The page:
Yoga works toward restoration of normalcy in all systems of the human body with special emphasis on the psycho-neuro-immuno-endocrine axes. In addition to its preventive and restorative capabilities, Yoga also aims at promoting positive health that will help us to tide over health challenges that occur during our lifetime. This concept of positive health is one of Yoga's unique contributions to modern healthcare, as Yoga has both preventive and promotive role in the healthcare of the masses. It is also inexpensive and can be used along with other systems of medicine in an integrated manner to benefit patients.

  Therapeutic Dimension Top

Modern medical advancements provide the rationale for the integration of various traditional healing techniques including Yoga to promote healing, health, and longevity (Madanmohan, 2013). It is imperative that advances in medicine include the holistic approach of Yoga to face the current challenges in health care. The antiquity of Yoga must be united with the innovations of modern medicine to improve the quality of life throughout the world. No wonder that Dr. Dean Ornish, the eminent American doctor who has shown that Yogic lifestyle can reverse heart disease, says, "Yoga is a system of perfect tools for achieving union as well as healing" (Bhavanani, 2012).

Today we are faced with numerous debilitating chronic illnesses related to aging, environment, and hedonistic lifestyle, such as cancer, diabetes, osteoporosis, and cardiovascular diseases, as well as many incurable diseases such as AIDS (Acquired immuno deficiency syndrome). Modern medical advancements provide the rationale for the integration of various traditional healing techniques including Yoga to promote healing, health, and longevity. While modern medicine has a lot to offer humankind in its treatment and management of acute illnesses, accidents, and communicable diseases, Yoga has a lot to offer in terms of preventive, promotive, and rehabilitative methods in addition to many management methods to tackle modern illnesses. While modern science looks outward for the cause of all ills, the Yogi searches the depth of his own self. This two-way search can lead us to many answers for the troubles that plague modern man.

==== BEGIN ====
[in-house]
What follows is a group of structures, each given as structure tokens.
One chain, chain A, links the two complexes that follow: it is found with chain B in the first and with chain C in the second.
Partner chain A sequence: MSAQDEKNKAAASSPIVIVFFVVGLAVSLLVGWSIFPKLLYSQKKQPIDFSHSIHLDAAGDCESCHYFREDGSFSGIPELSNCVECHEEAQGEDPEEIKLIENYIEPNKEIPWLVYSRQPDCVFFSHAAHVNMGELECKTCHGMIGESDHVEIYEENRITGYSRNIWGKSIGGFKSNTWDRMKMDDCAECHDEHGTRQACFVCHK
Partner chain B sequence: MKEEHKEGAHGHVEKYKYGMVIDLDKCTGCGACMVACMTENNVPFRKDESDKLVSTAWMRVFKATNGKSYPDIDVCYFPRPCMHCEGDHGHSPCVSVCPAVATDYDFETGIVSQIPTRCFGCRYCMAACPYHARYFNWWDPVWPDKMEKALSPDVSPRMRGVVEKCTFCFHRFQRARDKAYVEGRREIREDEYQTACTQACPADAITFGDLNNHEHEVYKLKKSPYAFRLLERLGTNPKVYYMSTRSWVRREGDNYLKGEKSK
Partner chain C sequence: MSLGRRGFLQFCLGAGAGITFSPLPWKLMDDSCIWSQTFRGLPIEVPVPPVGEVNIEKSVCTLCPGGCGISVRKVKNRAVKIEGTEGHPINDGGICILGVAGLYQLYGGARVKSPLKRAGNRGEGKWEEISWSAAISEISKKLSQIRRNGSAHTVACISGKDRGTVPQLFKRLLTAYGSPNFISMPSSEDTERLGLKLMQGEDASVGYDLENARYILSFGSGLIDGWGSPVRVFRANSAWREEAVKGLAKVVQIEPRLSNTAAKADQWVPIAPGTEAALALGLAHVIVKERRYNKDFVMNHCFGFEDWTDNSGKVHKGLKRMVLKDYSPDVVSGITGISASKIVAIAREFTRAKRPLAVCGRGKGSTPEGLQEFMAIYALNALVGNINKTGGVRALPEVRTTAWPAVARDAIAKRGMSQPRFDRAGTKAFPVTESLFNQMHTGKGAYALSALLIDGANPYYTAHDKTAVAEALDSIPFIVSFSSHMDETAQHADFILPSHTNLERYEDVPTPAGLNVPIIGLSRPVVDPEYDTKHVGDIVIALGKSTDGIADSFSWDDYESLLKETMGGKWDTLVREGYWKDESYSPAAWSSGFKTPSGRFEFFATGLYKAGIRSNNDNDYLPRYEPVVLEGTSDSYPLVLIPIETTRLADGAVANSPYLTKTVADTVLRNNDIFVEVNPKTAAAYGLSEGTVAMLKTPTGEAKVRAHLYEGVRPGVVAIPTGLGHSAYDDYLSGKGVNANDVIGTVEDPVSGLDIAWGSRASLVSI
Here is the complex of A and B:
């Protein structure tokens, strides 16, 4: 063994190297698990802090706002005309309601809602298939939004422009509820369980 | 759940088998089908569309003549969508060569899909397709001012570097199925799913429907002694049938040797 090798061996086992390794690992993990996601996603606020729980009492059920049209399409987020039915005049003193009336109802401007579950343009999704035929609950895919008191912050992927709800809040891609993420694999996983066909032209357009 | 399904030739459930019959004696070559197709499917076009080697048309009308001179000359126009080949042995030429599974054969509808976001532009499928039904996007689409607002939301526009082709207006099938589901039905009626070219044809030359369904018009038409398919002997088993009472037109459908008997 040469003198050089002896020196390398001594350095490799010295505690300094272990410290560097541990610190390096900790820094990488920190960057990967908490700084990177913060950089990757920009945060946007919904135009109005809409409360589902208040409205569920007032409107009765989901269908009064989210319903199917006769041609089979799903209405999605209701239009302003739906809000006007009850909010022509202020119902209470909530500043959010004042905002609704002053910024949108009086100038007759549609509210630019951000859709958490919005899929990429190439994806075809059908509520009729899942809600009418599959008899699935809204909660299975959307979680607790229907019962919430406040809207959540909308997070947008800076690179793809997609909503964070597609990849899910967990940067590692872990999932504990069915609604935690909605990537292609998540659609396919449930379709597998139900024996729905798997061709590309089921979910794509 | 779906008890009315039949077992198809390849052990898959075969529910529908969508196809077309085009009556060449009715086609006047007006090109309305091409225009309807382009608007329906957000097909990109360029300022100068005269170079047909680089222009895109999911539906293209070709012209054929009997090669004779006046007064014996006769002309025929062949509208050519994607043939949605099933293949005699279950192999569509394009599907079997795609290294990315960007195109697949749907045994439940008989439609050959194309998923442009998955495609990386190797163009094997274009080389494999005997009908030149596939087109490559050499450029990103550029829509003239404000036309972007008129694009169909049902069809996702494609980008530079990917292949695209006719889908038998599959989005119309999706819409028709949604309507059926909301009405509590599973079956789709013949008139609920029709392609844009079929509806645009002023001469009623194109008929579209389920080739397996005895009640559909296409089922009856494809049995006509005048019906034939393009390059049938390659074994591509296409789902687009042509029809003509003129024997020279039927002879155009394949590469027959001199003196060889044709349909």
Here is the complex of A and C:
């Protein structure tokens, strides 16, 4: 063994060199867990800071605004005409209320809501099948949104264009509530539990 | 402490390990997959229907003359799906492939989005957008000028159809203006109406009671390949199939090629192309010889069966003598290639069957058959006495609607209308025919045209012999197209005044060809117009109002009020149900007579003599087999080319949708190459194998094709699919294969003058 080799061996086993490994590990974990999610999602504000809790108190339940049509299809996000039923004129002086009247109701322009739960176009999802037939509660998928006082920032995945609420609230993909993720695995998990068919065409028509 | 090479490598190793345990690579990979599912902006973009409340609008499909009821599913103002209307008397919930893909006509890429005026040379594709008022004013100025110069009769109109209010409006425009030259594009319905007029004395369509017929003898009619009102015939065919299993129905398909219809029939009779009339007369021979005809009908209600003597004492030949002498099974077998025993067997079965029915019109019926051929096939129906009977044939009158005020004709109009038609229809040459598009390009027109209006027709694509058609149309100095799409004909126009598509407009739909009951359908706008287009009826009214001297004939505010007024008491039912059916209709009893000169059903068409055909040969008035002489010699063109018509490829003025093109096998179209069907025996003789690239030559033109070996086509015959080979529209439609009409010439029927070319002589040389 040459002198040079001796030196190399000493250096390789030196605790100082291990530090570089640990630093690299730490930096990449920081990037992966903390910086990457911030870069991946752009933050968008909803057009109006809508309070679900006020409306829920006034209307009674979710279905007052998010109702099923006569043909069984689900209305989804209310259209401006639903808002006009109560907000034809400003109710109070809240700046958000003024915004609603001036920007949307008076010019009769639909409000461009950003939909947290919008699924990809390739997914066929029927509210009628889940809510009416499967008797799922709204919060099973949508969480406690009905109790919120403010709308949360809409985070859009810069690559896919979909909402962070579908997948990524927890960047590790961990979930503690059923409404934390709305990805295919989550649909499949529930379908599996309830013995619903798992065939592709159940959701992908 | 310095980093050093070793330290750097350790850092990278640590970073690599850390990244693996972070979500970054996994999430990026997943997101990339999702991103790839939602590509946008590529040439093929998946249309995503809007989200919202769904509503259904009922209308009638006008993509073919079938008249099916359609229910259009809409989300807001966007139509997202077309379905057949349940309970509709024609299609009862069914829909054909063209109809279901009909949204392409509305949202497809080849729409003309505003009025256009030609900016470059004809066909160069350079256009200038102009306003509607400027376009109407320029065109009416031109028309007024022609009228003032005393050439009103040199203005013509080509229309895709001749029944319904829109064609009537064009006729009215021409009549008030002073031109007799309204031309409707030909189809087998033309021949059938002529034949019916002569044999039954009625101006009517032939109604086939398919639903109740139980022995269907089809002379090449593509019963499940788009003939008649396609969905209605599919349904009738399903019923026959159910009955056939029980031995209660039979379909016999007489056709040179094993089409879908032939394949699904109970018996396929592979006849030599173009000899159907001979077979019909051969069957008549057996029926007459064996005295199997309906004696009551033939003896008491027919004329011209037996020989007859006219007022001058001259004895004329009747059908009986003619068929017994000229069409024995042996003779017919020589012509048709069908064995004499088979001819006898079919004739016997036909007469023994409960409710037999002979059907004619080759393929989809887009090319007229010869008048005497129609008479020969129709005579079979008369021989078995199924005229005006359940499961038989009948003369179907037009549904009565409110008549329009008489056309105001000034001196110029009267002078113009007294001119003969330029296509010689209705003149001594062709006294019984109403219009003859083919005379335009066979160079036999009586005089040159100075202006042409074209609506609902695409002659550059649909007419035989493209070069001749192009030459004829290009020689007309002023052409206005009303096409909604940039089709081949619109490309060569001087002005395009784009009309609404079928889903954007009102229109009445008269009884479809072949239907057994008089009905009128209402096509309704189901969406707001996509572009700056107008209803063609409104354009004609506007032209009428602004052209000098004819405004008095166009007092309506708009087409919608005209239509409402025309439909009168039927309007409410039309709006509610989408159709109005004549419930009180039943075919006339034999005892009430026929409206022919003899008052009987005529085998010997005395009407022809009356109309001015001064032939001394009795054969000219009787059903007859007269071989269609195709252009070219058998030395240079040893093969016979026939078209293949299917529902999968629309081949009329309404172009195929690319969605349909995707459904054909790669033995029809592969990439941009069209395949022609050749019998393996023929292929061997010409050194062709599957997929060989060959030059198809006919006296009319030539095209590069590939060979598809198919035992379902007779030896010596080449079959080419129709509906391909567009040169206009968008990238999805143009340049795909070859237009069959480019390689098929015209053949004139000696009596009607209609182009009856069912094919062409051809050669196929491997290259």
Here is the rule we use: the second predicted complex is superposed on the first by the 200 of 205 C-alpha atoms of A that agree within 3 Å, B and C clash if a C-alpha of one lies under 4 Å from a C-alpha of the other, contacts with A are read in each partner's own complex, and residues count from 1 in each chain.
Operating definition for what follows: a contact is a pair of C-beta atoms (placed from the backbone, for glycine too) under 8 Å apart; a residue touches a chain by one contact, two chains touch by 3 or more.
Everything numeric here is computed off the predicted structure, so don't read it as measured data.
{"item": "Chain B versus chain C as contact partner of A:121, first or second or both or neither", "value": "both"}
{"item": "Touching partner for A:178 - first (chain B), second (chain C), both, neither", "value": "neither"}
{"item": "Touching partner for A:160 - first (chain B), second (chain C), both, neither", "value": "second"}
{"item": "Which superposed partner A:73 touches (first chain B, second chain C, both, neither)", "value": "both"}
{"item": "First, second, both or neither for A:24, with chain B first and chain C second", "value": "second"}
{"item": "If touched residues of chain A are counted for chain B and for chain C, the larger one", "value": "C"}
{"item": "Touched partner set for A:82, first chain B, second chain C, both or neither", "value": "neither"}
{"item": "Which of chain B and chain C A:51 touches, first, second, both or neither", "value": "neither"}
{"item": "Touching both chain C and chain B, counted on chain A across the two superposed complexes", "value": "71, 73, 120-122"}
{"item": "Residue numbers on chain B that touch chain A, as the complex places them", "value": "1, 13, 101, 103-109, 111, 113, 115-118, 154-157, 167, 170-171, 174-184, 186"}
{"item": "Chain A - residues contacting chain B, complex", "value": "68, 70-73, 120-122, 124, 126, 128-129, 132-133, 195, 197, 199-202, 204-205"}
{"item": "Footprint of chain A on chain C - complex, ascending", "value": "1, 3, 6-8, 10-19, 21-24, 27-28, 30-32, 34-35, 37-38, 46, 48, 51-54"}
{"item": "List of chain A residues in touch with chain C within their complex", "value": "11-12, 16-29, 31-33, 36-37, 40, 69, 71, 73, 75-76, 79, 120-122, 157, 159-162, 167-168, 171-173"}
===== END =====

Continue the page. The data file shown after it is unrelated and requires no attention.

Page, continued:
There are numerous therapeutic modalities used in the application of Yoga as a therapy (Bhavanani, 2013). Given below are some of the commonly used modalities:

  • Physical therapies: Asanas (static postures), kriyas (systematic and rational movements), mudras (seals of neuromuscular energy), and bandhas (locks for neuromuscular energy) gently stretch and strengthen the musculoskeletal system in a healthy manner. They improve the mobility and flexibility of different joints and groups of muscles. There is also concomitant improvement in the systemic functions such as respiration, circulation, digestion, and elimination. A general sense of health and well-being is also promoted by these aspects of Yoga that help release feel-good hormones like endorphins and enkephalins.
  • Emotional therapies: Swadhyaya (introspectional self-analysis), pranayama (techniques of vital energy control), pratyahara (sensory withdrawal), dharana (intense concentration), dhyana (meditational oneness), and bhajana (devotional music) stabilize emotional turmoil and relieve stress and mental fatigue. They bring about an excellent sense of emotional balance that is vital for good health. Individual and group work is important to achieve proper emotional balance that is essential for good health.
  • Development of healthy psychological attitudes: Yoga encourages us to step back and take an objective view of our habitual patterns of behavior and thoughts. This enables us to cope better with situations that normally put our bodies and minds under strain. Patanjali emphasized the need to develop the following qualities in order to become mentally balanced human beings: Vairagya (detached, dispassionate attitude), chittaprasadanam (acceptance of the Divine will), maitri (friendliness toward those who are at peace with themselves), karuna (compassion for the suffering), mudita (cheerfulness toward the virtuous), upeksha (indifference and avoidance of the evil), etc.